SLR - September 2015 - Pegah Samouhi

Heavy Slow Resistance Versus Eccentric Training as Treatment for Achilles Tendinopathy: A Randomized Controlled Trial

Reference: Beyer R, Kongsgaard M, Hougs Kjær B, Øhlenschlæger T, Kjær M, Magnusson SP. Heavy Slow Resistance Versus Eccentric Training as Treatment for Achilles Tendinopathy: A Randomized Controlled Trial. Am J Sports Med. 2015 Jul; 43(7): 1704-1711

Scientific Literature Review

Reviewed By: Pegah Samouhi, DPM
Residency: Cedars-Sinai Medical Center, Los Angeles

Podiatric Relevance: The prevalence of Achilles tendinopathy is estimated to be as high at 30-50 percent of all sports injury. Although the exact cause of Achilles tendinopathy remains unknown, the histopathology and gene expression data indicates chronic tendinopathy is not an inflammatory condition but rather a failed healing process that causes degenerative changes of the hierarchical tendon structure, neovascularization, and nerve ingrowth. As podiatric physicians we are faced with many patients, especially athletes (avid runners), who present with midsubstance Achilles tendonitis and for decades it has been standard to treat with eccentric training (ECC) although there is no convincing evidence that it is the most effective exercise regimen. It has been shown that about 45 percent of patients do not respond to ECC exercises. This study’s purpose is to evaluate the effectiveness of heavy slow resistance training (HSR) vs ECC among patients with midportion Achilles tendinopathy.

Methods: This is a prospective randomized single blind controlled trial with a 12-week intervention period and a 52 week follow up period. A total of 58 (47 completed study) patients with chronic midsubstance Achilles tendinopathy were included in the study. Diagnosis was made by an experienced sports medicine physician on the basis of defined clinical findings (Victorian Institute of Sports Assessment-Achilles VISA-A), visual analog scale (VAS), physical examination and pain duration of at least three months. In addition, US findings of anterior posterior thickening of the midtendon level with hypoechoic area and a color Doppler signal within the hypoechoic area needed to be present for diagnosis. Patients who received treatment within four weeks were excluded. The ECC group consisted of n=30 (final n=25) and the HSR group consisted of n=28 (final n=22), which were deemed clinically significant.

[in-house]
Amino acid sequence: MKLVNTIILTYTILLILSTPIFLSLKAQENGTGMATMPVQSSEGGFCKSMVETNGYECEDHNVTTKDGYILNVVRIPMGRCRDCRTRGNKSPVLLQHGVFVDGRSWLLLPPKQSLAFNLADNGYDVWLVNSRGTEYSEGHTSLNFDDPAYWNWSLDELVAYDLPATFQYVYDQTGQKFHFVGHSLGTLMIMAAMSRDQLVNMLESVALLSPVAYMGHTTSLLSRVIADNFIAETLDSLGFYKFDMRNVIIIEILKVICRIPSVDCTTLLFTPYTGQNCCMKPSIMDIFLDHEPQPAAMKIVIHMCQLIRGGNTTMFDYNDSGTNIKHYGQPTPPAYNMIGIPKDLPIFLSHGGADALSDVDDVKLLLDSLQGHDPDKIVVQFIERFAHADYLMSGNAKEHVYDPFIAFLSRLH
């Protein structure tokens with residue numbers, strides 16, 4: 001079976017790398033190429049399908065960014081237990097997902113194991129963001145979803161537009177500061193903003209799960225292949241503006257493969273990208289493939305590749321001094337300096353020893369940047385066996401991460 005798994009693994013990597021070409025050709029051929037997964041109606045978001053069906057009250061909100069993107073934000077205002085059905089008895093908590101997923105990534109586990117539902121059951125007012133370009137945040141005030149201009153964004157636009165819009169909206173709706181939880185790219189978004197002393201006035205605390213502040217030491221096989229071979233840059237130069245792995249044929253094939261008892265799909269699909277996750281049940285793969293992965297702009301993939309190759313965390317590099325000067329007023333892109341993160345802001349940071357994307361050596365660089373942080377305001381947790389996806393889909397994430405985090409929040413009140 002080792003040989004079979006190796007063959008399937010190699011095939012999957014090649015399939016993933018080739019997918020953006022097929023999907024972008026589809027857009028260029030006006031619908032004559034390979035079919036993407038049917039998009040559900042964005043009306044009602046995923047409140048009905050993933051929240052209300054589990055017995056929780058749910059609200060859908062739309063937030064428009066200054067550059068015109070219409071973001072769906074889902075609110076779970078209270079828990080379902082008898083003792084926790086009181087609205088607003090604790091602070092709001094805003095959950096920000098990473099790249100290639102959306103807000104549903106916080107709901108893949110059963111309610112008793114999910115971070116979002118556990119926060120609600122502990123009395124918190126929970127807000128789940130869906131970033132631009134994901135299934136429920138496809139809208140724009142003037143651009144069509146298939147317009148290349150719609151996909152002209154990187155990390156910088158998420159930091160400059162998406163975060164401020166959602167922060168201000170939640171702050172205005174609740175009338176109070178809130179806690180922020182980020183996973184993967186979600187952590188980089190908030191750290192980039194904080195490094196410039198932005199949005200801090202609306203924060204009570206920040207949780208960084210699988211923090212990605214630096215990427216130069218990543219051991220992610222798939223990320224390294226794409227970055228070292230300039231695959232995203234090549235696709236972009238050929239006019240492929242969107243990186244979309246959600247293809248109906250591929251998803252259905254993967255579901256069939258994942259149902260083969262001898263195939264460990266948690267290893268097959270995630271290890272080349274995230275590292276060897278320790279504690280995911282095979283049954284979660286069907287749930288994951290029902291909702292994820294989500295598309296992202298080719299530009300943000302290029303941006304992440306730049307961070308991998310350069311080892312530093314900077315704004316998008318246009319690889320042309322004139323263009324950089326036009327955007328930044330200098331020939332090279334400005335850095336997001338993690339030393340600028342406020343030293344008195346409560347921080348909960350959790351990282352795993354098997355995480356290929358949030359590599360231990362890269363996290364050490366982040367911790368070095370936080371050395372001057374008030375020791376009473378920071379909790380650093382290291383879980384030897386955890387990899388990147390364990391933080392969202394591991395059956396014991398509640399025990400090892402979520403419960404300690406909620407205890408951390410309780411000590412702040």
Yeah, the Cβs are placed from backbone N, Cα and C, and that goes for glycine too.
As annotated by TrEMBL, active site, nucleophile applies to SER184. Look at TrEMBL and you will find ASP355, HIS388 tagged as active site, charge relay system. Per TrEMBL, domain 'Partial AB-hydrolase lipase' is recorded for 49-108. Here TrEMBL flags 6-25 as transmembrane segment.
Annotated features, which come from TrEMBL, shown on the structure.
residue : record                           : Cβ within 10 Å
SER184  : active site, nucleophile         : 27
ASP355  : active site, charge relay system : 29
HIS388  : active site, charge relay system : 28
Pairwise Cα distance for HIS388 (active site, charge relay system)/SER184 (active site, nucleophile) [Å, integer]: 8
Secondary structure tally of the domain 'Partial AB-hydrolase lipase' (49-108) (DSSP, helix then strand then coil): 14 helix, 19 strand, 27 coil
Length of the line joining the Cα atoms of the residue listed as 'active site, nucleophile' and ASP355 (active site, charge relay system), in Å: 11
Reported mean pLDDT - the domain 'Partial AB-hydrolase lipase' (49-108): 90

Success of treatment was measured by improvement on the VISA-A>10 points and the VAS pain scale during five heel rises and during running at 0,12, and 52 weeks. Baseline characteristics where analyzed with unpaired Student t tests. Outcome measures were analyzed using Bonferroni-adjusted post hoc tests. Patient satisfaction was measured at 12 and 52 weeks and activity level at 0,12, and 52 weeks were analyzed using the Fisher exact tests. A Pearson correlation coefficient was employed to examine if changed in color Doppler activity over time was related to changed in VISA-A score over time.  

Results: It was determined that both groups showed improvement on the VISA-A, the VAS and activity level which were maintained at the 52 week follow up. There was a significant difference between patient satisfaction after 12 weeks with HSR (100 percent) than with ECC (80 percent) with a p values of 0.052, but not after the 52 week follow up. No significant difference was noted between the two groups.

Conclusions: Based on the authors’ findings there were no significant differences between the ECC and HSR groups, however both groups showed positive outcomes and improvements. Although there was no significant difference between both groups for most variables measured, there was a significant difference between patient satisfaction scores at 12 weeks follow-up favoring the HSR to the ECC regimen. This is an important finding for practicing physicians because in the realm of clinical compliance, we tend to see patients being more committed to following through with treatment if they are satisfied with the outcomes. Furthermore, this study could have been strengthened if a tendon biopsy was to be performed to examine if and how the interventions influenced the collagen content, crosslink composition and fibril compositions of tendons before and after completion of regimen. This study set out to prove that HSR is a superior mode of non-surgical treatment for midsubstance Achilles tendonitis, as compared to previously practiced ECC. Although their hypothesis was not confirmed, it was found that both modalities provided great outcomes, and this has clinical significance in that now practicing physicians have different modalities to suggest to their patients, without compromising patient care. 

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